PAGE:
Investigation of the Source, Fate, and Transport of Mercury in Hunza River, Northern Areas, Pakistan

dc.contributor.advisorKhan, Shuhab D.
dc.contributor.committeeMemberLefer, Barry L.
dc.contributor.committeeMemberRifai, Hanadi S.
dc.creatorBiber, Kivanc 1985-
dc.date.accessioned2014-12-09T13:19:34Z
dc.date.available2014-12-09T13:19:34Z
dc.date.createdDecember 2012
dc.date.issued2012-12
dc.date.updated2014-12-09T13:19:34Z
dc.description.abstractMercury is one of the most hazardous and toxic elements with a high degree of mobility. Although it occurs naturally, anthropogenic activity can also release mercury to the environment. Globally, the use of mercury in gold mining has caused significant environmental pollution since Ancient Roman times. Small-scale gold mining activities along Hunza and Gilgit rivers are long known to be discharging mercury in the amalgamation and roasting processes. Previous studies reported high mercury concentrations in soils close to mining operations as well as serious health problems for miners. However, none of the studies have focused on the level of contamination in aqueous environments. This is the first study on the investigation on fluvial fate and transport of mercury in Hunza River. This research study aimed to investigate the source, fate and transport of river-borne mercury. Eleven (11) out of thirty-seven (37) river water samples showed higher dissolved mercury concentration than critical levels suggested by Environmental Protection Agency. These sites corresponded to the observed gold panning sites. Particulate mercury concentration was roughly three orders of magnitude higher than that of dissolved mercury per liter of water for all sampled rivers. Thus, suspended sediments represented the major pathway of mercury transport. A mass balance was performed to calculate annual mercury discharge to Hunza River basin. A conservative estimation resulted in 0.63 tonnes of annual mercury flux. This amount of mercury is difficult to result from anthropogenic discharge alone. An index based physical model was created to estimate mercury yield at sub-basin level. It was found that the dominant source of mercury is the mercury-rich soils upstream of Attabad Lake rather than the direct mercury release from mining activities. This result is supported by previous soil geochemistry data. Significant decrease in both dissolved and particulate-bound mercury concentration downstream of Attabad Lake suggested that mercury is being accumulated or consumed in the lake. Although minimization or elimination of mercury loses from mining process seems important for the well-being of the miners, preventing further accumulation of mercury in Attabad Lake would be a much more effective mean of mercury control in the region.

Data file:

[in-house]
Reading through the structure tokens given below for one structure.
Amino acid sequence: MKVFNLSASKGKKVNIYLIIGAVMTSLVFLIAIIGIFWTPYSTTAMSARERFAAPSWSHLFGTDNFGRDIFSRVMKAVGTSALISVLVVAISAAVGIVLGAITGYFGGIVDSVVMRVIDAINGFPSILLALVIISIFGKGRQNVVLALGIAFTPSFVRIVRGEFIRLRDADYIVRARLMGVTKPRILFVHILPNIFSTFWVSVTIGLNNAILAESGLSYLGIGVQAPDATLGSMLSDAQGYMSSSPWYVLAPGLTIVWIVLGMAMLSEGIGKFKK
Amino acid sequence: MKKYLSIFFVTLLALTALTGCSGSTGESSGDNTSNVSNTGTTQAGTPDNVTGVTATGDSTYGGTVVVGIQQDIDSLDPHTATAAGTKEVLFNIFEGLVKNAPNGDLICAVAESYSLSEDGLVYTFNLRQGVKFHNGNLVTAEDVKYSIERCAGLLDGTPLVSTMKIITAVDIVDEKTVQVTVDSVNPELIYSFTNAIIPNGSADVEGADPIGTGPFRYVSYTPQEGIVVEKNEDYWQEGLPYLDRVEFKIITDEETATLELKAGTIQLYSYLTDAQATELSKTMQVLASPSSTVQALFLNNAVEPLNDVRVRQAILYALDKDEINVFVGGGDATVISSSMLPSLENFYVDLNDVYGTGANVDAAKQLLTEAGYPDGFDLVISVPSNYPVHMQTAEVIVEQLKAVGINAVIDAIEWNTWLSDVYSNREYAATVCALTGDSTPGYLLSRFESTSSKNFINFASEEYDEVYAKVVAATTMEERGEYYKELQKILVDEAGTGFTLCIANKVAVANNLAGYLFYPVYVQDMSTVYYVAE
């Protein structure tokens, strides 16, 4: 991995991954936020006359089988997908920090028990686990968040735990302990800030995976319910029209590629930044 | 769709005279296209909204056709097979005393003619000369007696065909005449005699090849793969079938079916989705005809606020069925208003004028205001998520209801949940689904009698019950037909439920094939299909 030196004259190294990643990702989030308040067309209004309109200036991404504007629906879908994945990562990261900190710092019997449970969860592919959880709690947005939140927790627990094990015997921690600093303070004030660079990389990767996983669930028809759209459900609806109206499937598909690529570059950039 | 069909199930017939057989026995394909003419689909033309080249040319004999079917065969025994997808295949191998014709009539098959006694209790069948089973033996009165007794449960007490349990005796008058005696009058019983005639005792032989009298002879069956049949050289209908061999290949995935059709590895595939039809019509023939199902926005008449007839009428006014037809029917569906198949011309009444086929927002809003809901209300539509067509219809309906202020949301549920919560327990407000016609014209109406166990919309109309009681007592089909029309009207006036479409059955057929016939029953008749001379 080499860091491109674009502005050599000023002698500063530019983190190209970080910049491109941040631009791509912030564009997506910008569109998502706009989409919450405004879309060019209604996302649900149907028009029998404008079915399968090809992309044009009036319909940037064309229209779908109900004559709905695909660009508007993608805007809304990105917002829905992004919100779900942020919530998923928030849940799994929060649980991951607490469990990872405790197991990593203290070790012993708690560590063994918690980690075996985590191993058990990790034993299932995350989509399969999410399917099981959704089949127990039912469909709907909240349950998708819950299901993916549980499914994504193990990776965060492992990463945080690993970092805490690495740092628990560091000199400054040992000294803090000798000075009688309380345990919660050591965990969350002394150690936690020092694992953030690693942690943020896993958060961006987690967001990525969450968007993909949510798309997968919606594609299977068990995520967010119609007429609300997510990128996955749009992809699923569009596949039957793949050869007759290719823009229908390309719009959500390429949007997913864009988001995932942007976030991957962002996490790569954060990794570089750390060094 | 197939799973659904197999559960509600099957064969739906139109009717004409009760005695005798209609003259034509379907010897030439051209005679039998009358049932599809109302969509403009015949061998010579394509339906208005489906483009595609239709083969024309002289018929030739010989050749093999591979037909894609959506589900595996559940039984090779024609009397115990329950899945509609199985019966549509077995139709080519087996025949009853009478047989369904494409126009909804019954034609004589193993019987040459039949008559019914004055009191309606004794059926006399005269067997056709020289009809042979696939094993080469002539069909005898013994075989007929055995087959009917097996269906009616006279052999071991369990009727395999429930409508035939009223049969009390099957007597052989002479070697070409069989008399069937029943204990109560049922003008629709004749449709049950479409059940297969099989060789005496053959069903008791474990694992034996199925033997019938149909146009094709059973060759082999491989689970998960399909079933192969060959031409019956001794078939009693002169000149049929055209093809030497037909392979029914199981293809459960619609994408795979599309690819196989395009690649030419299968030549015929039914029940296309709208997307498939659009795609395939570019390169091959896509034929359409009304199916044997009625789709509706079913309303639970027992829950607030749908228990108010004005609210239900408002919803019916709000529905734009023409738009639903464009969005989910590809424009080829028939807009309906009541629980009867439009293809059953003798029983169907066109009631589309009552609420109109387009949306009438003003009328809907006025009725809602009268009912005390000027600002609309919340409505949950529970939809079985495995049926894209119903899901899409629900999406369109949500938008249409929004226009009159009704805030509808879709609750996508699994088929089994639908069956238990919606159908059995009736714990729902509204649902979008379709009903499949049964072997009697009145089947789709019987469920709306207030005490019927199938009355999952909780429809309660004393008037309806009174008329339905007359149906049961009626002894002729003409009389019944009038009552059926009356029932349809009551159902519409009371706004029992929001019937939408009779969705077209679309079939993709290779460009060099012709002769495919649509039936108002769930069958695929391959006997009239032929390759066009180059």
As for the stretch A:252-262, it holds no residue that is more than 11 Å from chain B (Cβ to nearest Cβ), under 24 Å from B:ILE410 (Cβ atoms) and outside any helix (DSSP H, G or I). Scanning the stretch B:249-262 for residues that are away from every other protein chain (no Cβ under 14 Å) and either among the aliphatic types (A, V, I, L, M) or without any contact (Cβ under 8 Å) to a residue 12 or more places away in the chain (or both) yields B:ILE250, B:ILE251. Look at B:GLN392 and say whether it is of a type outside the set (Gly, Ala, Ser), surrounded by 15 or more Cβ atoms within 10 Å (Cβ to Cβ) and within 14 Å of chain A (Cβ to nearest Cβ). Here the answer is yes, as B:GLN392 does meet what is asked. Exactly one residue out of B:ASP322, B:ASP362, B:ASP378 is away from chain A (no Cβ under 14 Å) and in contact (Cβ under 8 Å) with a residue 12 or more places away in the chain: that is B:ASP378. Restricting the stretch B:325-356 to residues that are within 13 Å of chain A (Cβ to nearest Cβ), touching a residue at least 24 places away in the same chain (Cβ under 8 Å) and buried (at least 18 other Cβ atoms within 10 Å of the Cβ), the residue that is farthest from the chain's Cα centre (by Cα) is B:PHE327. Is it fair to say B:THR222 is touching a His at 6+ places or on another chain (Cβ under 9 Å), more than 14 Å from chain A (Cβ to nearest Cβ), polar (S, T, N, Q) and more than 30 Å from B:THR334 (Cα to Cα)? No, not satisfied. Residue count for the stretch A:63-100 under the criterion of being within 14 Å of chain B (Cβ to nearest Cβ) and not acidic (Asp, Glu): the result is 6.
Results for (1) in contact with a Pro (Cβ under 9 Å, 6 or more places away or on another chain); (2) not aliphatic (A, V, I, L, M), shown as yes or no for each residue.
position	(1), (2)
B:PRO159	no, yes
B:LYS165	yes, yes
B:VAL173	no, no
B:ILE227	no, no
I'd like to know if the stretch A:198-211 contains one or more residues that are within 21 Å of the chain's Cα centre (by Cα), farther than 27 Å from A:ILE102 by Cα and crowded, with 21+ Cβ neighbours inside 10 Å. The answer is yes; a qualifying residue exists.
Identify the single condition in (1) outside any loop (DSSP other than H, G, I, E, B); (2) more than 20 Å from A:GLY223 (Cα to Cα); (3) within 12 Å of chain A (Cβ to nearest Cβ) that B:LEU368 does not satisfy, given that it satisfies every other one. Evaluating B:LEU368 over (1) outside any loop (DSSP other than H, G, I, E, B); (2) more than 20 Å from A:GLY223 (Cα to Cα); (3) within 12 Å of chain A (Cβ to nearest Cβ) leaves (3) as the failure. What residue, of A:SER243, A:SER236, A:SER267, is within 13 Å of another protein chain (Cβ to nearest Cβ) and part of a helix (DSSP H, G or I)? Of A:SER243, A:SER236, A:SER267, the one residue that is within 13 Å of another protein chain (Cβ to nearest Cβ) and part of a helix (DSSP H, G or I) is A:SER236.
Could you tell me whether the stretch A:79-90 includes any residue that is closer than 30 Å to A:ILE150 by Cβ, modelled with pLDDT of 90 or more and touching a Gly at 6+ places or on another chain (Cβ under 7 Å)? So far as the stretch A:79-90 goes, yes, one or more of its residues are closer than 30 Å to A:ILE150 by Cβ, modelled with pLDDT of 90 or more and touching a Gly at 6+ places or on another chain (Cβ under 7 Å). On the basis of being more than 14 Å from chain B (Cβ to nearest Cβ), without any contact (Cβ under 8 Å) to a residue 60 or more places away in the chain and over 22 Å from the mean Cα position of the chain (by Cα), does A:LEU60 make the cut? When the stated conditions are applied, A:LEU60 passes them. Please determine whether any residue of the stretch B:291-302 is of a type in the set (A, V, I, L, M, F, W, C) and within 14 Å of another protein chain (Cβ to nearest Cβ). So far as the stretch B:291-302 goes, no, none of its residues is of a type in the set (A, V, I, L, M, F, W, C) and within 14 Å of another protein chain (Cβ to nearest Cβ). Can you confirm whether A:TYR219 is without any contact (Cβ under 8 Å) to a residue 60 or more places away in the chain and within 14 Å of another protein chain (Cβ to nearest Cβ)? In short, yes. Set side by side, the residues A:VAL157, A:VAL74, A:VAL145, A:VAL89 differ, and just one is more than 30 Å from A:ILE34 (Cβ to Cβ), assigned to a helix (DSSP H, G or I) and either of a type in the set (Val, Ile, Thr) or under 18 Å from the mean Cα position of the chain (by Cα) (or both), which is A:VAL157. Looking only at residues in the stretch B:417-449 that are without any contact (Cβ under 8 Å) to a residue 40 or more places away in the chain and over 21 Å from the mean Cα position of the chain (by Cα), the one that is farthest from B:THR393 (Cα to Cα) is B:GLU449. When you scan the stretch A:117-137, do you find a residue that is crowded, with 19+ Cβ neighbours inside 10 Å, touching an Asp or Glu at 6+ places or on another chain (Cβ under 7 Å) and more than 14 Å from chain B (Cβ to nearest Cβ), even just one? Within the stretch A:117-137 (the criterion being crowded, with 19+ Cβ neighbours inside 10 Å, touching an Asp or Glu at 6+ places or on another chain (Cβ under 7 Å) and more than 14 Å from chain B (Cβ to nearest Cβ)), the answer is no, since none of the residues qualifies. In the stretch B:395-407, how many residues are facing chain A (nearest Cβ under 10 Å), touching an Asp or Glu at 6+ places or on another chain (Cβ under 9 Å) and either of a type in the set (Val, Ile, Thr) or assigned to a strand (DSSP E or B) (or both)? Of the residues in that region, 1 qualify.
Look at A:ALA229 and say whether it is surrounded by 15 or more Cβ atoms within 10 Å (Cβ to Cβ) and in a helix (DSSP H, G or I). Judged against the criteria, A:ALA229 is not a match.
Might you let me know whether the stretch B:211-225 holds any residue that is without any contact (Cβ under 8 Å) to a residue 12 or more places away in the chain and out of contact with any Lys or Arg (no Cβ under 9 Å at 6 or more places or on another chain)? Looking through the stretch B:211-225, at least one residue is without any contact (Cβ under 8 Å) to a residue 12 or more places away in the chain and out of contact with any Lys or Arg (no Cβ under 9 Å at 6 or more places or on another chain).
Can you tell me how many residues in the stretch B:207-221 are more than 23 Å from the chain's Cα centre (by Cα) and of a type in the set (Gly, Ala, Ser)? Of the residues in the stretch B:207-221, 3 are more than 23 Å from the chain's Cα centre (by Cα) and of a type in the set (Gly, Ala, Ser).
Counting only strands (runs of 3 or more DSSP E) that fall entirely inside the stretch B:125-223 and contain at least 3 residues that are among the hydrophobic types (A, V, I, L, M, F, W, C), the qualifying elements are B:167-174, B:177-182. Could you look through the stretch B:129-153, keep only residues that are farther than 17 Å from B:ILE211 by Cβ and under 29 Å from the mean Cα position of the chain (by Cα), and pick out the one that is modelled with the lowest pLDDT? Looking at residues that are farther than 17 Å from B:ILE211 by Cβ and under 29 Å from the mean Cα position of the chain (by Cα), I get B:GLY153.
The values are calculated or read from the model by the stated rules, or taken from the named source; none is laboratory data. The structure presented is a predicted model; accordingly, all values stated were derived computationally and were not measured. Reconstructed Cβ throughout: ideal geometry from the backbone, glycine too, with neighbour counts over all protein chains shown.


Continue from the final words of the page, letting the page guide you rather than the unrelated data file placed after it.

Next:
dc.description.departmentEarth and Atmospheric Sciences, Department of
dc.format.digitalOriginborn digital
dc.format.mimetypeapplication/pdf
dc.identifier.urihttp://hdl.handle.net/10657/797
dc.language.isoeng
dc.rightsThe author of this work is the copyright owner. UH Libraries and the Texas Digital Library have their permission to store and provide access to this work. Further transmission, reproduction, or presentation of this work is prohibited except with permission of the author(s).
dc.subjectMercury fate and transport
dc.subjectMercury in gold mining
dc.subjectMercury amalgamation
dc.subjectHunza River basin
dc.subject.lcshGeology
dc.titleInvestigation of the Source, Fate, and Transport of Mercury in Hunza River, Northern Areas, Pakistan
dc.type.dcmiText
dc.type.genreThesis
thesis.degree.collegeCollege of Natural Sciences and Mathematics
thesis.degree.departmentEarth and Atmospheric Sciences, Department of
thesis.degree.disciplineGeology
thesis.degree.grantorUniversity of Houston
thesis.degree.levelMasters
thesis.degree.nameMaster of Science

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